You can be forgiven for not knowing that James Brydges, Duke of Chandos, was one of the great early 18th-century patrons and collectors. Chandos made a fortune as a government official, the paymaster of the forces, during the Duke of Marlborough’s wars. More than £24m in public money passed through his hands and he seems to have skimmed off about 3%, but by the time he died in 1744 he had managed to dissipate his huge gains on extravagant building projects, passionate collecting, high living, and a series of disastrous investments. All that remained of the poor Duke was the memory of Alexander Pope’s condemnation of his extravagant taste, and a large cache of documents, most of which found their way to the Huntington Library in California.
These have been put to good use in Susan Jenkins’s meticulously researched and judicious account of Chandos as patron and collector. Her object is not just to resurrect the Duke as a collector, but to free him from Pope’s stigma.
To make her case, she takes us on a virtual tour, recreating the building and decoration of his projects. These include his mansion Cannons, in Middlesex—which was demolished a few years after his death—the design of its gardens, the duke’s building projects in Bath and London’s Cavendish Square, and his acquisition of Old Masters and Dutch and Flemish paintings. It also includes the accumulation of his magnificent library, and his patronage of poets like John Gay, and musicians, most notably the composer George Frederick Handel. Chandos, Dr Jenkins insists, should be seen as one of a number of early 18th-century patrons of the arts concerned to foster a new, largely Italianate taste based on connoisseurship rather than the values of the virtuoso.
Dr Jenkins’s case is largely persuasive. She shows that Cannons may not have been at the cutting edge of Palladianism but, with its Italianate decoration by the likes of William Kent, was also far from a baroque pile. Chandos’s pictures were of a high standard and included works by (or attributed to) Titian, Giorgione, Veronese, Caravaggio (Boy Bitten by a Lizard, 1595-1600, now in the National Gallery), Rubens, Rembrandt, and Nicholas Poussin. He spread his largesse quite widely, patronising John Wood the Elder in Bath, donating money to the library of the University of Glasgow, endowing a chair of anatomy and medicine at St Andrews, employing Grinling Gibbons to carve his tomb and Handel to lead his private orchestra. Dr Jenkins gets a bit carried away when she writes that Chandos “employed almost every significant 18th-century architect, artist and writer” except Colen Campbell, but she is right to compare his achievements to other better known patrons like Lord Burlington, and to remind us that the Duke did not stint on patronage, even when his finances might not have warranted it.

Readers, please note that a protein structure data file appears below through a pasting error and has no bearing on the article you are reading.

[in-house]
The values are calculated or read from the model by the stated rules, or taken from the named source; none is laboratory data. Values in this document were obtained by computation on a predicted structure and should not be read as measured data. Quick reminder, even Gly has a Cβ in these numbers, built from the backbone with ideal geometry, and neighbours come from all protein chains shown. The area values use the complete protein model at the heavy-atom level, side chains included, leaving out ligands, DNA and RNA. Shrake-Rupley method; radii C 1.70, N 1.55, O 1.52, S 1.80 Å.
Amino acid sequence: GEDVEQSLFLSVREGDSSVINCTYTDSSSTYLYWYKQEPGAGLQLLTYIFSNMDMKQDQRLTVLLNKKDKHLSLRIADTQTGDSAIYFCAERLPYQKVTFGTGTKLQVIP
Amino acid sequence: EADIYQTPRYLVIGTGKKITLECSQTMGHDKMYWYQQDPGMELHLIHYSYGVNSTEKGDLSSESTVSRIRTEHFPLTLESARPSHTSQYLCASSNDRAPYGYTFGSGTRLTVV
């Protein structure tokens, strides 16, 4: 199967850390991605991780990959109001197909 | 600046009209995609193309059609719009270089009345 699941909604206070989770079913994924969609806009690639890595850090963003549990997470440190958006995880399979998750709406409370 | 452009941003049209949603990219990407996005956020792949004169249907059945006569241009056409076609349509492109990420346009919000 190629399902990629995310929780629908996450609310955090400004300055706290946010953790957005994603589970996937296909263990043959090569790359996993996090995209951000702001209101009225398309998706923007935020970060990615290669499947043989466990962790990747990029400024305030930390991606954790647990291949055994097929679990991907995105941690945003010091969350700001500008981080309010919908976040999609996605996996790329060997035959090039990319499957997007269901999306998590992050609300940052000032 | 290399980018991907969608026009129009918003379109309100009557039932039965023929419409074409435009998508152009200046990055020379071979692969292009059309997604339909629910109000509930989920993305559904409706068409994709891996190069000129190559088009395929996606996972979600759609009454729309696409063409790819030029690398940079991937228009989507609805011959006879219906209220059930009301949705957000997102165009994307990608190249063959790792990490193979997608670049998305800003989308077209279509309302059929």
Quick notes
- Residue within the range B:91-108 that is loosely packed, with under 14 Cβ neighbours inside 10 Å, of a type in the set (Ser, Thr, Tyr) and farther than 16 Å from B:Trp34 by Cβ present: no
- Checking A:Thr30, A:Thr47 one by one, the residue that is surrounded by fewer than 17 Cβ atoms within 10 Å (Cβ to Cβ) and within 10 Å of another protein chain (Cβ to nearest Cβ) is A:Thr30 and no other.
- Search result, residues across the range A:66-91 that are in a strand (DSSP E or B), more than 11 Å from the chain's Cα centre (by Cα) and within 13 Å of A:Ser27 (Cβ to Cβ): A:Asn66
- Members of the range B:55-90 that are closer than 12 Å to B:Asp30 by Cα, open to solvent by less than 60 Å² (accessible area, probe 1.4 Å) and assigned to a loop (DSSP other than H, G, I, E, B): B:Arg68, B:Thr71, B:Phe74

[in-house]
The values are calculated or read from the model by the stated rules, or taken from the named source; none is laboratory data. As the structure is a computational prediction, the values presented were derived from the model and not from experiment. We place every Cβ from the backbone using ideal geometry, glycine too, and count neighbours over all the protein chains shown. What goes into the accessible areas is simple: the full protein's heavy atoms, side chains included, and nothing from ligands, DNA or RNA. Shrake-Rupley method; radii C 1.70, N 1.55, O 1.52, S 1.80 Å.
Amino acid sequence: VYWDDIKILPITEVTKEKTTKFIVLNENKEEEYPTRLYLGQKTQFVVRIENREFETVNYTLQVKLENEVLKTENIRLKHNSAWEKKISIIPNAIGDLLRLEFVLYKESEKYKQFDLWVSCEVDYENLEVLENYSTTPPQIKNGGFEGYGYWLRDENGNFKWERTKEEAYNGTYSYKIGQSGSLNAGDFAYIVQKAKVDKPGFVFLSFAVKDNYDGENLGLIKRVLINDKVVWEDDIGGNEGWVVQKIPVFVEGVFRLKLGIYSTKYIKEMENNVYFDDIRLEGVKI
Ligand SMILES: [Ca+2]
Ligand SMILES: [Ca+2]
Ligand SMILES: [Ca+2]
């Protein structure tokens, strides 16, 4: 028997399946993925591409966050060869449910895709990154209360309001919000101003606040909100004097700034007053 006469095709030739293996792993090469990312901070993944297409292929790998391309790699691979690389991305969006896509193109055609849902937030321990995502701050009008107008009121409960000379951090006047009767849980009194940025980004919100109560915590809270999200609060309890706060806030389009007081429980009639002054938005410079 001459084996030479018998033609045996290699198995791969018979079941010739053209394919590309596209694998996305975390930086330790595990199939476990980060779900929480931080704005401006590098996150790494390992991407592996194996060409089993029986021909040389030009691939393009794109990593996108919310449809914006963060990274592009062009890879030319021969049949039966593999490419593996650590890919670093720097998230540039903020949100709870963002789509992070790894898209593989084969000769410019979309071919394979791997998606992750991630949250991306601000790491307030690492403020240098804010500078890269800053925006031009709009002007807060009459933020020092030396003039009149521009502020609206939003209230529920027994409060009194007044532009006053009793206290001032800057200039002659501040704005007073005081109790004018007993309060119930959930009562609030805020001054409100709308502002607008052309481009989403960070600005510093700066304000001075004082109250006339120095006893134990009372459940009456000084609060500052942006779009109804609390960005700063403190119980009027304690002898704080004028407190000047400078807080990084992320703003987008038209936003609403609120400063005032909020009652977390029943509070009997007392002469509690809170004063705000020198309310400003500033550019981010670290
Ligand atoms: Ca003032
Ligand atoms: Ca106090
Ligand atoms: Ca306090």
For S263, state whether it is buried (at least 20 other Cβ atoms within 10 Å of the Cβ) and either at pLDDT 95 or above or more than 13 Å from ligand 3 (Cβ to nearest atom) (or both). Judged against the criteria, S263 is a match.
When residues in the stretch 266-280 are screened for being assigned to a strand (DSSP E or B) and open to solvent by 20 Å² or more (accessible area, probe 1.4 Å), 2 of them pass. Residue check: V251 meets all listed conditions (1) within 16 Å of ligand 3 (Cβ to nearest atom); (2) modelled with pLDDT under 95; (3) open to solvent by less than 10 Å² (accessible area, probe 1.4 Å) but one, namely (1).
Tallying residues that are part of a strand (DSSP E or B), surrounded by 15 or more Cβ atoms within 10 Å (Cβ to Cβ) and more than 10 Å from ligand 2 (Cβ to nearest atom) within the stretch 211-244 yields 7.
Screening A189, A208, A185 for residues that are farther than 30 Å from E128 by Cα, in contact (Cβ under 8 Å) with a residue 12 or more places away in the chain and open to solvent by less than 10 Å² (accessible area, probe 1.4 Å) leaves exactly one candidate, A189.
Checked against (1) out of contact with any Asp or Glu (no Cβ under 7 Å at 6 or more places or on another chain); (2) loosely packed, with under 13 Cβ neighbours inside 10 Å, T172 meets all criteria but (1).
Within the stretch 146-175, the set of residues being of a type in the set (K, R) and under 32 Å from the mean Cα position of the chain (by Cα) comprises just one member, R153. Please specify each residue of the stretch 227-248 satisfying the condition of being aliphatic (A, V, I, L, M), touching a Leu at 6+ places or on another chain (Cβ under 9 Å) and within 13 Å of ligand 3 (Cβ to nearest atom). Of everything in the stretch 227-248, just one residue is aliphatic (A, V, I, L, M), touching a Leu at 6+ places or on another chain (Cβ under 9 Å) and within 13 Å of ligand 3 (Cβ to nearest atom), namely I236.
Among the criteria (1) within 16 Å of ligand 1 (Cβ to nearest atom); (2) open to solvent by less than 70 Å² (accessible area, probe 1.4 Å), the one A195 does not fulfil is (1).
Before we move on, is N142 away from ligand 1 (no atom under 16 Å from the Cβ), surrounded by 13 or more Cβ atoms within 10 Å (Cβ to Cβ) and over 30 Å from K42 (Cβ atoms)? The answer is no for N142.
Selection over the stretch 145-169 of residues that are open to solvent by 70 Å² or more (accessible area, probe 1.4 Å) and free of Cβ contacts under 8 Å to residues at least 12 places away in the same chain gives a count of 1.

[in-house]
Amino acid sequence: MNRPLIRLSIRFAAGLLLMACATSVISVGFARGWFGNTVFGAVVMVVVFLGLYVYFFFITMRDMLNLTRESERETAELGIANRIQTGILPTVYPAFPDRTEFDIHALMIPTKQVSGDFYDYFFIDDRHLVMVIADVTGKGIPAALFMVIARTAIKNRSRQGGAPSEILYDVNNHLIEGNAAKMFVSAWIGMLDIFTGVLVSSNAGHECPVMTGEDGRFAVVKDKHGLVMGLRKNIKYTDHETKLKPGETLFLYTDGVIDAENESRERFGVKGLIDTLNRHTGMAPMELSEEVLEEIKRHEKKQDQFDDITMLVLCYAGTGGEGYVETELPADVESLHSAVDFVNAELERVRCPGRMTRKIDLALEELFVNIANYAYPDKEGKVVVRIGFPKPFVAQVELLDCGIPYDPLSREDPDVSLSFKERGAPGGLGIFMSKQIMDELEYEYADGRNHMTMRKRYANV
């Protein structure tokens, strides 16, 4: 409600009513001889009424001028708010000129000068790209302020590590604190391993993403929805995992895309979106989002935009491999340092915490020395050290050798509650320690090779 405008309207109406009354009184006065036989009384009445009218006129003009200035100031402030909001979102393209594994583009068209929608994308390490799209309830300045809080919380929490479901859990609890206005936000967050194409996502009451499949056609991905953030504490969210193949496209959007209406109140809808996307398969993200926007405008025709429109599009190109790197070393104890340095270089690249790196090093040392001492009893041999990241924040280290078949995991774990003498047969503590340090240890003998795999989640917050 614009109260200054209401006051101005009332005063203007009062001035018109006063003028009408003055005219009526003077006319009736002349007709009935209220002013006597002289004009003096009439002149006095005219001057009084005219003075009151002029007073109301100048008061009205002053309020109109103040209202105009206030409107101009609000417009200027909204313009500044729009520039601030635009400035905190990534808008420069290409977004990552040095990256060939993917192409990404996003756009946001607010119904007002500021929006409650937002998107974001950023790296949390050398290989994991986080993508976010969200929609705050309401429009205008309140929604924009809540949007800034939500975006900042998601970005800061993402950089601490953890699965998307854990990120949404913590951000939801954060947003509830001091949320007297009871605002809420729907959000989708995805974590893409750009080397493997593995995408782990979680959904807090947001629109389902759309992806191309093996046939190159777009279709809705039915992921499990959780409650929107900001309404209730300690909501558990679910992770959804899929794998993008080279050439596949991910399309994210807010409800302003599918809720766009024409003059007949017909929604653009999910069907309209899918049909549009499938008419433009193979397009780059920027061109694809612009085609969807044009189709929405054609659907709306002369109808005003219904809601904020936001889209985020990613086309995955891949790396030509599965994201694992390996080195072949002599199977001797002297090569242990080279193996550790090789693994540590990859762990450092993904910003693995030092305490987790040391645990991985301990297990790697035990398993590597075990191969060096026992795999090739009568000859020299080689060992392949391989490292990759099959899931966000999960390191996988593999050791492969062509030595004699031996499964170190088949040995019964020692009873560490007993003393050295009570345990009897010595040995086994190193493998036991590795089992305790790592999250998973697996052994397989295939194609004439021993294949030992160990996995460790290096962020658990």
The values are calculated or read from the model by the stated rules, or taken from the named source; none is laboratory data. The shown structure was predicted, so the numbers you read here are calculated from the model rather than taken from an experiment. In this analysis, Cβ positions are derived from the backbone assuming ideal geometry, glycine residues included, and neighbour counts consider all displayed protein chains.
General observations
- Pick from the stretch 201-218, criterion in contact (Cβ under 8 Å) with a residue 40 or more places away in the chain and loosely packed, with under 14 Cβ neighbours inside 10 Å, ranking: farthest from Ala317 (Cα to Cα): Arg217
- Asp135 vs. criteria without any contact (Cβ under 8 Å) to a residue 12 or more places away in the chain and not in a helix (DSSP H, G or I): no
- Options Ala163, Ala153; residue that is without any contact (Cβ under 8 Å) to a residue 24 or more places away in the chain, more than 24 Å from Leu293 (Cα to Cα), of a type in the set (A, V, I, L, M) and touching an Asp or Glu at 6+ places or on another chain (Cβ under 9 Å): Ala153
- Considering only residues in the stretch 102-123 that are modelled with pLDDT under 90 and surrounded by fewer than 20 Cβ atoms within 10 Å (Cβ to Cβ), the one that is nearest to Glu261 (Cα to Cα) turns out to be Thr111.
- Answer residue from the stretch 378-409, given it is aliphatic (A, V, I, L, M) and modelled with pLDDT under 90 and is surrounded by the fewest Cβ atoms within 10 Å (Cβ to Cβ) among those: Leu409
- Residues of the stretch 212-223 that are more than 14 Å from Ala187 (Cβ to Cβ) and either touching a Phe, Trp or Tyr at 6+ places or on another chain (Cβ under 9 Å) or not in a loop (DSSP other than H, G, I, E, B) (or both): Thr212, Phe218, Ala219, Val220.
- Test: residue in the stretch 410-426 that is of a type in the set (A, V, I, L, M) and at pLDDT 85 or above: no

Yet the question remains: why was Chandos taken to epitomise a prodigious extravagance that verged on bad taste? This was not just Pope’s view, but of many of the duke’s contemporaries. Of course in almost any age a man who makes a vast fortune in a dubious enterprise and then enjoys or flaunts his wealth, will attract critics as well as admirers. Perhaps, as is sometimes suggested, Chandos was aware of this and thought his patronage and collecting a defence against criticism.
But he couldn’t resist the extravagant gesture. He may have been praised as an Apollo, but more often he was given the double-edged epithet, “princely”.
Cannons and its grounds took ten years to build and cost £160,000, which was an enormous sum at the time.
The impression given by the house was that the Duke “had spared no cost to have every thing as rich as possible” (including, incidentally, japanned toilet seats). The house, courts and gardens occupied more than 100 acres, making them the largest in England and nearly twice the size of Hampton Court. Close to London, they attracted an astonishing number of visitors. In 1721-2, some 1,161 people dined at Cannons, and many more saw the house and grounds.
Chandos had more than 80 people in his service, including a 22-strong private orchestra. Such grandeur may have been, as Dr Jenkins points out, in line with early Georgian ideas of “magnificence”, but it made him an easy target for those who neither liked the war that enriched him nor cared for the “luxury” they believed he embodied.